Although the parties agreed, during the sentencing hearing, that the district court would sentence appellant under the career-offender statute, the district court never explicitly stated that it was doing so. It did state in its memorandum denying appellant’s postconviction petition that it “made reference to the defense counsel’s argument.” Defense counsel had previously stated that the parties agreed that the court would sentence appellant as a career offender and that the only issue was whether the district court would impose the sentence consecutively or concurrently with appellant’s then-existing sentence. The district court then stated that defense counsel had articulated just what it had been pondering: whether appellant’s sentence should run consecutively or concurrently with the sentence appellant was already serving, thus implying, but never explicitly stating, that it was adopting the parties’ agreement as to appellant’s status as a career offender.
the district court’s memorandum denying appellant’s postconviction petition, it
stated that the ground for the departure was the agreement of the parties. But the agreement of the parties is not a
valid departure ground. State v. Misquadace, 644 N.W.2d 65 (
First, there is no evidence in the record proving that appellant has prior convictions. Appellant committed the instant offense while incarcerated, so he clearly has prior convictions, but there is no evidence to establish what those convictions were for or when they were committed. While the district court imposed appellant’s sentence to run concurrently with the state sentence that he was then serving, it was apparently unaware that appellant was also serving a federal sentence at that time. Thus, the district court clearly did not have the information it needed to make this decision.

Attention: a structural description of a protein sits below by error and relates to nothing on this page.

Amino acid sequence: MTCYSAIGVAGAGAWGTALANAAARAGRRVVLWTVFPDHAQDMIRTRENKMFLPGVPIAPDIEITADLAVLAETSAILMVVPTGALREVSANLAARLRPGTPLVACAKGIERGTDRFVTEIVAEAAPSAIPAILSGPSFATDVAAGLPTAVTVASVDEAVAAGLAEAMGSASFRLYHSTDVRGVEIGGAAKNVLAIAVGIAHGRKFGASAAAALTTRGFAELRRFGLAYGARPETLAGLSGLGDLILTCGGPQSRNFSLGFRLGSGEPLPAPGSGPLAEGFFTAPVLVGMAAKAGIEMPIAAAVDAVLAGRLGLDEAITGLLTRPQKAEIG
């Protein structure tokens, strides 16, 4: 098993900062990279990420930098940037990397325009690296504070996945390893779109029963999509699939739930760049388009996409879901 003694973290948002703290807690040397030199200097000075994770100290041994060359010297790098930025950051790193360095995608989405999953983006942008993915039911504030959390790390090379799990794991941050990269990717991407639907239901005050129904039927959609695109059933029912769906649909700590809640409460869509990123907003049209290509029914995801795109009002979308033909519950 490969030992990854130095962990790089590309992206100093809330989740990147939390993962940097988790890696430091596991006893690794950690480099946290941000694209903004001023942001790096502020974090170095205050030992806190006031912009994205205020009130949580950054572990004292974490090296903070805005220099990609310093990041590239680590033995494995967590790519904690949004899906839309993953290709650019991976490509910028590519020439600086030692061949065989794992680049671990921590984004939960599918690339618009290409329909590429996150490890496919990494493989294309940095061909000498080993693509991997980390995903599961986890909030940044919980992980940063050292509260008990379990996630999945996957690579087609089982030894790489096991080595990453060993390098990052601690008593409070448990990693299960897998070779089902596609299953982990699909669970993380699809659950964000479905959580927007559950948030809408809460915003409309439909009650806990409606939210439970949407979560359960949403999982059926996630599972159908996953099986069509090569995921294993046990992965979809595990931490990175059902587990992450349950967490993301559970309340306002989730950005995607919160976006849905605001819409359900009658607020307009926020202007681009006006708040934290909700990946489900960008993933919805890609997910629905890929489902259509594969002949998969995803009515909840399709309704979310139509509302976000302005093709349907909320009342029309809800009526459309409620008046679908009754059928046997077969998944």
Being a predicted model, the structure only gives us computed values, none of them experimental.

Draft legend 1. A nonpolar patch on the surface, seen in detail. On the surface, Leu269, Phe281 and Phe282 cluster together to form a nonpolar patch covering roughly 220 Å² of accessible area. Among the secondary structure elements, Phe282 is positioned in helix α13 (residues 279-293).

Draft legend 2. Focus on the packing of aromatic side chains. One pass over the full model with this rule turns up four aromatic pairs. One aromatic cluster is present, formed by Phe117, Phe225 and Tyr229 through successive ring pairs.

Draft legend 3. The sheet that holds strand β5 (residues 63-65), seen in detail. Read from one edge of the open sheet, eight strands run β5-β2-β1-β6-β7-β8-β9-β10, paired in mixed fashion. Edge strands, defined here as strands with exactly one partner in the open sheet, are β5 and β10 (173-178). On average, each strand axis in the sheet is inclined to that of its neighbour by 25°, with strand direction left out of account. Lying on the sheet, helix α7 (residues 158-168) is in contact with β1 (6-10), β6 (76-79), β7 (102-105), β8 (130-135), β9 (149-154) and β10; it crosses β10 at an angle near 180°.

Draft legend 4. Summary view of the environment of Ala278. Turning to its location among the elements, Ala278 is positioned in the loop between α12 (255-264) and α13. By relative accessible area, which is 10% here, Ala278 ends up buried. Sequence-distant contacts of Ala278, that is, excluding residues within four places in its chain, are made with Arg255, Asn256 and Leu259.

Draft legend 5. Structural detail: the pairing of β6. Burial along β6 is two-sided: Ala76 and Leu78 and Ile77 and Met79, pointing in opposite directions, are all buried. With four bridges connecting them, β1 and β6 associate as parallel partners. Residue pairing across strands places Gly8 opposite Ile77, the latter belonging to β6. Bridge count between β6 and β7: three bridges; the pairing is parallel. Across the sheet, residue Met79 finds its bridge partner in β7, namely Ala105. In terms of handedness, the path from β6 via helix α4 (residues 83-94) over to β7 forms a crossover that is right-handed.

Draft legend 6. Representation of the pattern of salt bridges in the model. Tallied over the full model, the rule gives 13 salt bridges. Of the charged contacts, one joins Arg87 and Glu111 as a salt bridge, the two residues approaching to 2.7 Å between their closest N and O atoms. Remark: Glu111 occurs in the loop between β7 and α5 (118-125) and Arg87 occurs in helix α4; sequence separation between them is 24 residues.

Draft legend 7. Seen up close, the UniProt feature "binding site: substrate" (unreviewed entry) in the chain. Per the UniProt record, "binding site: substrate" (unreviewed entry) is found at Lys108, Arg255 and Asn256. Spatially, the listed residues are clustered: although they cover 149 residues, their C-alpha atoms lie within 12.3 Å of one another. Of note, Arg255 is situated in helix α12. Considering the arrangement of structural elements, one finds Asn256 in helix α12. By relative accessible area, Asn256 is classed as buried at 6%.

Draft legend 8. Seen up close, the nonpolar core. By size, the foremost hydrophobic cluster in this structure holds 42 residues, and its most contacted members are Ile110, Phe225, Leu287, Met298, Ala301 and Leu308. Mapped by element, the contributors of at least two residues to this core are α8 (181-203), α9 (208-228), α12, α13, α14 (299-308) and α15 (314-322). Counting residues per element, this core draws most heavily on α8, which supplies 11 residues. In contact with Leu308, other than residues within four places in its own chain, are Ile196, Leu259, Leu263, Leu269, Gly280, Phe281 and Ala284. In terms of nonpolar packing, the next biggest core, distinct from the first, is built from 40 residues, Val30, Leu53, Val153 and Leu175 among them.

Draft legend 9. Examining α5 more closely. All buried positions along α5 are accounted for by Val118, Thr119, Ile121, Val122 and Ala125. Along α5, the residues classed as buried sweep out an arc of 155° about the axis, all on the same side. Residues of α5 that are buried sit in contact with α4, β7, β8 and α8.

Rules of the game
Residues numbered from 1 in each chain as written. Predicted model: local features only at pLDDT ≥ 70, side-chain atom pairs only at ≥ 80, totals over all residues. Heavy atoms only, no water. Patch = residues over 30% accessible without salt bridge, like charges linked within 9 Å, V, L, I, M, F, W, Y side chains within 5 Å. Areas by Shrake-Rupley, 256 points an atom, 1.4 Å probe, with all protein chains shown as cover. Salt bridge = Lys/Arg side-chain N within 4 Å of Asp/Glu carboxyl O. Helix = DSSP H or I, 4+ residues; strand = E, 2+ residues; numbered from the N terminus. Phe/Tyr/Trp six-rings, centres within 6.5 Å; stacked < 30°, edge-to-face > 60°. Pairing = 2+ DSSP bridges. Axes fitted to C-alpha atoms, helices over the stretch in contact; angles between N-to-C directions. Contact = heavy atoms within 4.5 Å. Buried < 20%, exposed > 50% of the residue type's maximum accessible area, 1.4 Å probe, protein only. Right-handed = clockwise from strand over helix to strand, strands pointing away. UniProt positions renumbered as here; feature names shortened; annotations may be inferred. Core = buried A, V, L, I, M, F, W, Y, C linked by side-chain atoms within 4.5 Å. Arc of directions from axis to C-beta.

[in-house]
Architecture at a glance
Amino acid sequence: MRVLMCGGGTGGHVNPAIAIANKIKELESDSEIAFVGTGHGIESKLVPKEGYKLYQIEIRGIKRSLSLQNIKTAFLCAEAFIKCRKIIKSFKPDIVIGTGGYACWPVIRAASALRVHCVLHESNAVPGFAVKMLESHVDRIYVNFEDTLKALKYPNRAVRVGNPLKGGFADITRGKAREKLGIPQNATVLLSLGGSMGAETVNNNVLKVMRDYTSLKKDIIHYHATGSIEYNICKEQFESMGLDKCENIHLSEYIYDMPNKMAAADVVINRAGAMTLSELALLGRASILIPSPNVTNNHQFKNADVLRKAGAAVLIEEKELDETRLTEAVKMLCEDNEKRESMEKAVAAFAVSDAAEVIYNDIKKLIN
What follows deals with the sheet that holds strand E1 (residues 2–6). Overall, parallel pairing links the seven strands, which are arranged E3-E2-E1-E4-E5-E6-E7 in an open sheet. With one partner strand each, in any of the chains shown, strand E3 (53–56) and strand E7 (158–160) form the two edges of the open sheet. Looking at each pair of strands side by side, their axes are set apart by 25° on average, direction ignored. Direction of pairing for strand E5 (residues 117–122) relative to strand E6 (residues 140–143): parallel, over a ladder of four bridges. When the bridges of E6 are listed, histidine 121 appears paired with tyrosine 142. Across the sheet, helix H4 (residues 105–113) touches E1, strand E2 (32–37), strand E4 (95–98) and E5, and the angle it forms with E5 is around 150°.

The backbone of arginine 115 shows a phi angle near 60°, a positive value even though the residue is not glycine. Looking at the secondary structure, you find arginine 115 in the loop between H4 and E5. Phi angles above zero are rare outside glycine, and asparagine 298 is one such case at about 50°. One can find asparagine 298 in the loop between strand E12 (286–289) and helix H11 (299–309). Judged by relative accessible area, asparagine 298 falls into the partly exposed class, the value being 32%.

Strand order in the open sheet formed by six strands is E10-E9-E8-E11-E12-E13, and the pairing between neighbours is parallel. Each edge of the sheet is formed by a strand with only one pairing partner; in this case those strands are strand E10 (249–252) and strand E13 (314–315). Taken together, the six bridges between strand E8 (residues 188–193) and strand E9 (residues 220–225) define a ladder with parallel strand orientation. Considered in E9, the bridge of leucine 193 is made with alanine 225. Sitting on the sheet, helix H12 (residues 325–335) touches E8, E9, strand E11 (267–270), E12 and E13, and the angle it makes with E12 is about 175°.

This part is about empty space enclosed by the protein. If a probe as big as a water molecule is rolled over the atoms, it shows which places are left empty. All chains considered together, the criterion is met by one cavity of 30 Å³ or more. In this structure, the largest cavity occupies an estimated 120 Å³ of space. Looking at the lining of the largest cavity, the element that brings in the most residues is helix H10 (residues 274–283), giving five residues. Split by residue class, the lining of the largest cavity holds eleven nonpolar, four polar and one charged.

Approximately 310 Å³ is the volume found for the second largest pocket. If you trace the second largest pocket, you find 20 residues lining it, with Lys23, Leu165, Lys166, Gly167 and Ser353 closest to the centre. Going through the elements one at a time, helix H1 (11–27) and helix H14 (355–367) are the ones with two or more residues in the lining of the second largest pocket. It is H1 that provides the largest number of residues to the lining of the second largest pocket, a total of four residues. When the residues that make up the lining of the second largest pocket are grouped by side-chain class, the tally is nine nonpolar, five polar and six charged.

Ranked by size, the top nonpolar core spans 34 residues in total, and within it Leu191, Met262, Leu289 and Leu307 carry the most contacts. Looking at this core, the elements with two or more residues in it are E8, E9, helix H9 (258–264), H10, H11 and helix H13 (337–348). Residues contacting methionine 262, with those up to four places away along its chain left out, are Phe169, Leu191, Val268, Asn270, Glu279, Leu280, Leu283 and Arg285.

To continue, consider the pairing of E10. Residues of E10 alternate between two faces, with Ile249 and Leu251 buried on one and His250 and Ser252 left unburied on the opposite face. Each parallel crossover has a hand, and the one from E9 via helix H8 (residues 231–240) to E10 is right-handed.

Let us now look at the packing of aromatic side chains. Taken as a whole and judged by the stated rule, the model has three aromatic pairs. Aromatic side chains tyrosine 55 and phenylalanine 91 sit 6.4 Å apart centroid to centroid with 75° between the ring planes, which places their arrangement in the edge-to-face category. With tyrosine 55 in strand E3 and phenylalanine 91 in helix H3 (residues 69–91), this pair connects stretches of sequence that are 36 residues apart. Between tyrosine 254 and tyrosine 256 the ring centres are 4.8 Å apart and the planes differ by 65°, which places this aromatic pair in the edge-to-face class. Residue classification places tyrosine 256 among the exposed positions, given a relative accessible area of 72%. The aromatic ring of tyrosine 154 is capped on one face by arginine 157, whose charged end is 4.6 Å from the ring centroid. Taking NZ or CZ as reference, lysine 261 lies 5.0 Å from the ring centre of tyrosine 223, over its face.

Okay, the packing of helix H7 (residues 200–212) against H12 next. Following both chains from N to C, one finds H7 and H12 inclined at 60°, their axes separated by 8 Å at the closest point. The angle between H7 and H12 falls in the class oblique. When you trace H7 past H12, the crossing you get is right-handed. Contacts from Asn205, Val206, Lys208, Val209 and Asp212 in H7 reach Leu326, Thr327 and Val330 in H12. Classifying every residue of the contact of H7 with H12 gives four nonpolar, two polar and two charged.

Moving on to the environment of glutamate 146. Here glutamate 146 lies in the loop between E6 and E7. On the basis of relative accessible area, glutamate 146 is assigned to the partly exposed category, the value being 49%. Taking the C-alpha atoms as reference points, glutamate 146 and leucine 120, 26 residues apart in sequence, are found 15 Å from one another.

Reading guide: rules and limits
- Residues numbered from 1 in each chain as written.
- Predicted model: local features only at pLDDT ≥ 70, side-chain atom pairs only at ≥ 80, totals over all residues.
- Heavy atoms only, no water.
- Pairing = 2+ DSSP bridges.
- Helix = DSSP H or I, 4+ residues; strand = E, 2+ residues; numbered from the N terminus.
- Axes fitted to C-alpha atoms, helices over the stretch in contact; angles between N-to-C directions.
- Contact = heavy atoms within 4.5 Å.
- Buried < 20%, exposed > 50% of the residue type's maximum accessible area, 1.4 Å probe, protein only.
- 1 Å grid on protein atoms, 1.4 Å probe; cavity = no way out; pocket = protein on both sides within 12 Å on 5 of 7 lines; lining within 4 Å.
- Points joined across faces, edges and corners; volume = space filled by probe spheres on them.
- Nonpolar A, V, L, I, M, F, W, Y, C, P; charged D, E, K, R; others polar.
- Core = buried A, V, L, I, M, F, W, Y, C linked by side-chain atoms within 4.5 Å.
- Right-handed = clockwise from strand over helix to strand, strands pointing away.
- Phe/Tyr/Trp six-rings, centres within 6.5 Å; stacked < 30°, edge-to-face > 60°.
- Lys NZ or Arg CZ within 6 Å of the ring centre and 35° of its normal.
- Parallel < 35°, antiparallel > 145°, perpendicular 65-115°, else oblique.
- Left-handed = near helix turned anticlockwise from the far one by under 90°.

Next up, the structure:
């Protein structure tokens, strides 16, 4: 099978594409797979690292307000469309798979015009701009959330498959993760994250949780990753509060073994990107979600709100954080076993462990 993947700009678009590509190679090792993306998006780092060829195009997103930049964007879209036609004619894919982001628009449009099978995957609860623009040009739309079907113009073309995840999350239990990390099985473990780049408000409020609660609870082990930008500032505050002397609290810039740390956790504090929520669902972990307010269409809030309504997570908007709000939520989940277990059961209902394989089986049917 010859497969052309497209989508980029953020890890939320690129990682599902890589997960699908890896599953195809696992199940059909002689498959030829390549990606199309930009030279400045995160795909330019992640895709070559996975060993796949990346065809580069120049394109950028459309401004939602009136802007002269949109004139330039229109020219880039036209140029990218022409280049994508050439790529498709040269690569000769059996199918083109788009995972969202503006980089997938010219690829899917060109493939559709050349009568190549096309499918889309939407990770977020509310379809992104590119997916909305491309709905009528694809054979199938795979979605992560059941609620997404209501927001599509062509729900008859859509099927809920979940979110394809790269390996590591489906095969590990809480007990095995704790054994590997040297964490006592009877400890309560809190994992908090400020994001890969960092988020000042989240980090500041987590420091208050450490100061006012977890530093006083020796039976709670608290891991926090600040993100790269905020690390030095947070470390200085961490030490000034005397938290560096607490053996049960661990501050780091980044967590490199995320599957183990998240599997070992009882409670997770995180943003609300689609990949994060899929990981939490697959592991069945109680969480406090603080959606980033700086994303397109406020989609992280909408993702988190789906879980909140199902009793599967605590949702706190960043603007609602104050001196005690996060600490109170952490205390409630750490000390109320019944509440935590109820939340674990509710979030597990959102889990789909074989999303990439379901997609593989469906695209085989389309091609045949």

Appellant pleaded guilty, and the district court moved immediately to sentencing. The district court did not order a presentence investigation or utilize any other method for determining appellant’s criminal history. Instead, the district court took the parties, including appellant, at their word that appellant had the requisite five prior felonies. This is in violation of Minn. Stat. § 609.115, subd. 1(a) (2004), which mandates that
when the defendant has been convicted of a felony, the court shall, before sentence is imposed, cause a presentence investigation and written report to be made to the court concerning the defendant’s individual characteristics, circumstances, needs, potentialities, criminal record and social history, the circumstances of the offense and the harm caused by it to others and to the community.
(Emphasis added.) In addition to the statute, Minn. R. Crim. P.
27.03, subd. 1, requires that the probation department complete a sentencing
worksheet prior to the sentencing hearing.
Moreover, this court has previously addressed the issue of sentencing a
defendant prior to completing a presentence investigation. State
v. Rock, 380 N.W.2d 211, 213 (